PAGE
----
Peter Gallagher, Princeton Mortgage Wholesale
December is traditionally thought to be a tough month for the mortgage industry. Refinances decline because no one’s doing home improvements in the winter. Purchases decline because who wants to move during the holiday season? Numbers across the board slip into a decline, prepping themselves to take off in the first quarter. However last week told a different story.
According to the MBA’s seasonally adjusted index, total mortgage application volume rose 2 percent in comparison to last week. The main driver of this increase comes from refinance demand. Every week the rates at which a borrower can refinance at are subject to change under any slight pressure from either direction, and the reason for refinance reasons this close to the end of the year is the desire to save money on monthly payments and have the following months mortgage payment be deferred. For those who are looking for a little financial relief post-holidays, a refinance is certainly a viable option.
Home purchases rose 1 percent compared to the prior week. Home prices are still increasing and that’s a trend I don’t think will be reversing anytime soon. However, these prices are starting to increase at a slower rate than before. The average loan size on application dropped $15,000 from this time last year. Maybe these are signs that we’re getting closer to a threshold in which buyers aren’t willing (or able) to keep up with these aggressive price increases.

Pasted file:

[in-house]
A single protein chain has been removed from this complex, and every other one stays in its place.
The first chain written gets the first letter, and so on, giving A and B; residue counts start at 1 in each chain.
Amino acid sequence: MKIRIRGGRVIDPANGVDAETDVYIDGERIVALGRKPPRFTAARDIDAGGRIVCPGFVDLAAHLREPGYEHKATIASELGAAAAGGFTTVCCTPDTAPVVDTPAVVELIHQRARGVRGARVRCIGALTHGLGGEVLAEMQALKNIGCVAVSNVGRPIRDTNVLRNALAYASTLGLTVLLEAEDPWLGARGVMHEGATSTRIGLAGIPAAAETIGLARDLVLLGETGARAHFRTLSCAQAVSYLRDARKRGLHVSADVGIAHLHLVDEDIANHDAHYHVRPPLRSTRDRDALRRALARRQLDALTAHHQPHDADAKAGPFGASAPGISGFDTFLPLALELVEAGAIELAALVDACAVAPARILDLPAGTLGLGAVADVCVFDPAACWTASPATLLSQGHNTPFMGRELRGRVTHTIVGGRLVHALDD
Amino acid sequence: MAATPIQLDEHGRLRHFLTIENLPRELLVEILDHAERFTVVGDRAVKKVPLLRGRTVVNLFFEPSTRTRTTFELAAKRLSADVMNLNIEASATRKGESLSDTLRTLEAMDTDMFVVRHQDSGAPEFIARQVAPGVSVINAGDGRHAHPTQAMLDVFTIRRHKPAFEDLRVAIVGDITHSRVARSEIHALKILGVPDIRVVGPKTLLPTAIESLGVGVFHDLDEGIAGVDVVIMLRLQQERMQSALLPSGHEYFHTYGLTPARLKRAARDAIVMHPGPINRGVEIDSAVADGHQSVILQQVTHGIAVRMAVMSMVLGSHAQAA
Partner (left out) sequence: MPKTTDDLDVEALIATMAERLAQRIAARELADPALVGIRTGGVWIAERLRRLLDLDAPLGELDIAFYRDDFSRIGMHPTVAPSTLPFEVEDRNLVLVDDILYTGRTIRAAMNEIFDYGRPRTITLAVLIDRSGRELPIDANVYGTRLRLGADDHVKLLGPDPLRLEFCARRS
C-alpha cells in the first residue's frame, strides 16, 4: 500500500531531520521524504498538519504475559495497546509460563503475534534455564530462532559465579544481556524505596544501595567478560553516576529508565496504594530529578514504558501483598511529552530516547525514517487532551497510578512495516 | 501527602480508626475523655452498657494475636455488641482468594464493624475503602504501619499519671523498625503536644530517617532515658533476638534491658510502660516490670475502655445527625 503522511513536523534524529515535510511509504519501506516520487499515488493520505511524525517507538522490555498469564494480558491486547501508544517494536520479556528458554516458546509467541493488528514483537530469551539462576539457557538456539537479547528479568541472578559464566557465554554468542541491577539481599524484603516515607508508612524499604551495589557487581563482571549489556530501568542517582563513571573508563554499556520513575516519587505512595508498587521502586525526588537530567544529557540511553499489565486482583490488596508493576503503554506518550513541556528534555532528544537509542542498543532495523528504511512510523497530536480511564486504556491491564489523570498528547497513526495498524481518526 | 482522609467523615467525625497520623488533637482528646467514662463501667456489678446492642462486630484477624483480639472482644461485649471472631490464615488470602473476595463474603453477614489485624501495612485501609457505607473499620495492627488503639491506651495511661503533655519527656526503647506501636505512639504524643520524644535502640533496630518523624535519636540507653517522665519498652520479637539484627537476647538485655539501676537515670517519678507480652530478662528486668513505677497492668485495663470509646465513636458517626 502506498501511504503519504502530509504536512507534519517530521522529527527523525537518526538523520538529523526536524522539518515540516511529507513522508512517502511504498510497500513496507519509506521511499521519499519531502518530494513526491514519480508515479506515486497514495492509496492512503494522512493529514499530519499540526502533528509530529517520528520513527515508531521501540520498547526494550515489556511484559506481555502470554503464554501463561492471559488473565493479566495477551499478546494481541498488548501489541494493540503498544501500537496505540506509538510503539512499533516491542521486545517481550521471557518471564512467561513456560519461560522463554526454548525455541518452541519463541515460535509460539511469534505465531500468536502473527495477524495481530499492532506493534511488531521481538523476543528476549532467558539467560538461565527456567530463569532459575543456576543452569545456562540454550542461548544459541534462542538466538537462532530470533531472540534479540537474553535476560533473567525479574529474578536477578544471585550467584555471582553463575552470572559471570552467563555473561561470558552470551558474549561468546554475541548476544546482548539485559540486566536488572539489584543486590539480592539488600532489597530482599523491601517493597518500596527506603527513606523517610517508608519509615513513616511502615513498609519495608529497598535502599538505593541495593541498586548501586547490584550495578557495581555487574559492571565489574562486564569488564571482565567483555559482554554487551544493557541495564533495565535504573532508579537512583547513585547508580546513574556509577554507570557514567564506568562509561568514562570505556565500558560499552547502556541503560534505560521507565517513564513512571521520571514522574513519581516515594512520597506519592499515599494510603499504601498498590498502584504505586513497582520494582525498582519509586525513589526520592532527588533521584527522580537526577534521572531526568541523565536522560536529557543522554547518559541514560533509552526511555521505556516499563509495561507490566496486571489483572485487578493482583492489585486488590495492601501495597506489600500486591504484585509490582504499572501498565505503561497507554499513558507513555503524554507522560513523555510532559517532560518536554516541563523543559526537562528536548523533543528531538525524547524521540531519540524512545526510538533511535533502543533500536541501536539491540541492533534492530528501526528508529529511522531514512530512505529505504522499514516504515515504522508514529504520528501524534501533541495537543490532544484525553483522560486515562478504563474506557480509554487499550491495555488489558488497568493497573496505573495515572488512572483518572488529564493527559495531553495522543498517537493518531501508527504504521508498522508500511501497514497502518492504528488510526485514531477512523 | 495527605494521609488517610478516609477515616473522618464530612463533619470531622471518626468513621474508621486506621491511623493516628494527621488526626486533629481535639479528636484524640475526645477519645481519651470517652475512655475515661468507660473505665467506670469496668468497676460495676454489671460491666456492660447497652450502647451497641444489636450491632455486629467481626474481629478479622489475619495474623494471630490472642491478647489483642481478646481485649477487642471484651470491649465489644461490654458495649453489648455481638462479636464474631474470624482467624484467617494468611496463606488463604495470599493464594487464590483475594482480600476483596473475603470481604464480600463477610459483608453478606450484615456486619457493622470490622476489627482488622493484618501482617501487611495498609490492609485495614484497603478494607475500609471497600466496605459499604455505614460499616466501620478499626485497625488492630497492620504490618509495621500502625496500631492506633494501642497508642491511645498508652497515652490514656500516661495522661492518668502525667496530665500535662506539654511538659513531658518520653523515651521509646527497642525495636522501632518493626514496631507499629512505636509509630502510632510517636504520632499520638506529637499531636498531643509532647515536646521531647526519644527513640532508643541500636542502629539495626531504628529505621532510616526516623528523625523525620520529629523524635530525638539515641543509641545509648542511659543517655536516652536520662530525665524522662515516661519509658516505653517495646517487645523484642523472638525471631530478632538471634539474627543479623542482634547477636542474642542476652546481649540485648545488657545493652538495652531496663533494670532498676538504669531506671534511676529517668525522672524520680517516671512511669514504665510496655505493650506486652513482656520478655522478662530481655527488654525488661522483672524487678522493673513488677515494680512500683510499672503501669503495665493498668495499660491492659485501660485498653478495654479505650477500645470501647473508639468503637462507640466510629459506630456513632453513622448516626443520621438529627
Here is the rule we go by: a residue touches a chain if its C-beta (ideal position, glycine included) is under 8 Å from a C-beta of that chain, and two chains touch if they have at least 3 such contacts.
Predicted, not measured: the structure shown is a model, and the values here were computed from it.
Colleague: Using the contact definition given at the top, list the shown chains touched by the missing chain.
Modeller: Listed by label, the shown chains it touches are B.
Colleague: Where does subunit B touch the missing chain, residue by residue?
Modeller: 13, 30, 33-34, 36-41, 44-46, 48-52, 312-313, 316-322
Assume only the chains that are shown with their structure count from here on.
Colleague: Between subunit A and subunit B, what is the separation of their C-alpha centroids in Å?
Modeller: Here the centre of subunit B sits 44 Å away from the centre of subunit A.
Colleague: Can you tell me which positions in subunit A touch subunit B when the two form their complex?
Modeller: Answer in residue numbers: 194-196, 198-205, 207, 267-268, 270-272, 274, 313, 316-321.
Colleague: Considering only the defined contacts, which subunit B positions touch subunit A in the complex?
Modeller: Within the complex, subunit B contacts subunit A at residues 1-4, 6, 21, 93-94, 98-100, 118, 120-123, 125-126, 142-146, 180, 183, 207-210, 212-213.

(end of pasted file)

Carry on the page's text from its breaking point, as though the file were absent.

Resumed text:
Back in October I spoke about how the volume of homes available for purchase along the west coast has skyrocketed. At the time, Oakland home availability was up 27%, Portland was up 28% and Seattle was up 42%. There are HUGE changes in what are supposed to be some of the hottest destinations for transplants in the entire country. Prices in these areas rose faster than almost anywhere else, and due to those large price increases over the past several years it seems home buyers have reached their tipping point. The juice (the location) seems it is not worth the squeeze (the cost).
If you’ve seen the 10-year, then you’ve seen it’s dipped below 3% for the first time since mid-September. Most of us weren’t expecting that so soon. But given the concerns over the growth of the global economy and the uncertainty of trade between countries with large GDPs…it makes sense that this is where we find ourselves. It’s a surprisingly good time for people who need a little relief in their rate and payments. How long this period will last – who knows! You know I’ll be watching, and I’ll keep you in the loop.
Until next week,
The opinions expressed in this post are the sole view of the writer and do not reflect the opinion of Princeton Mortgage Corporation.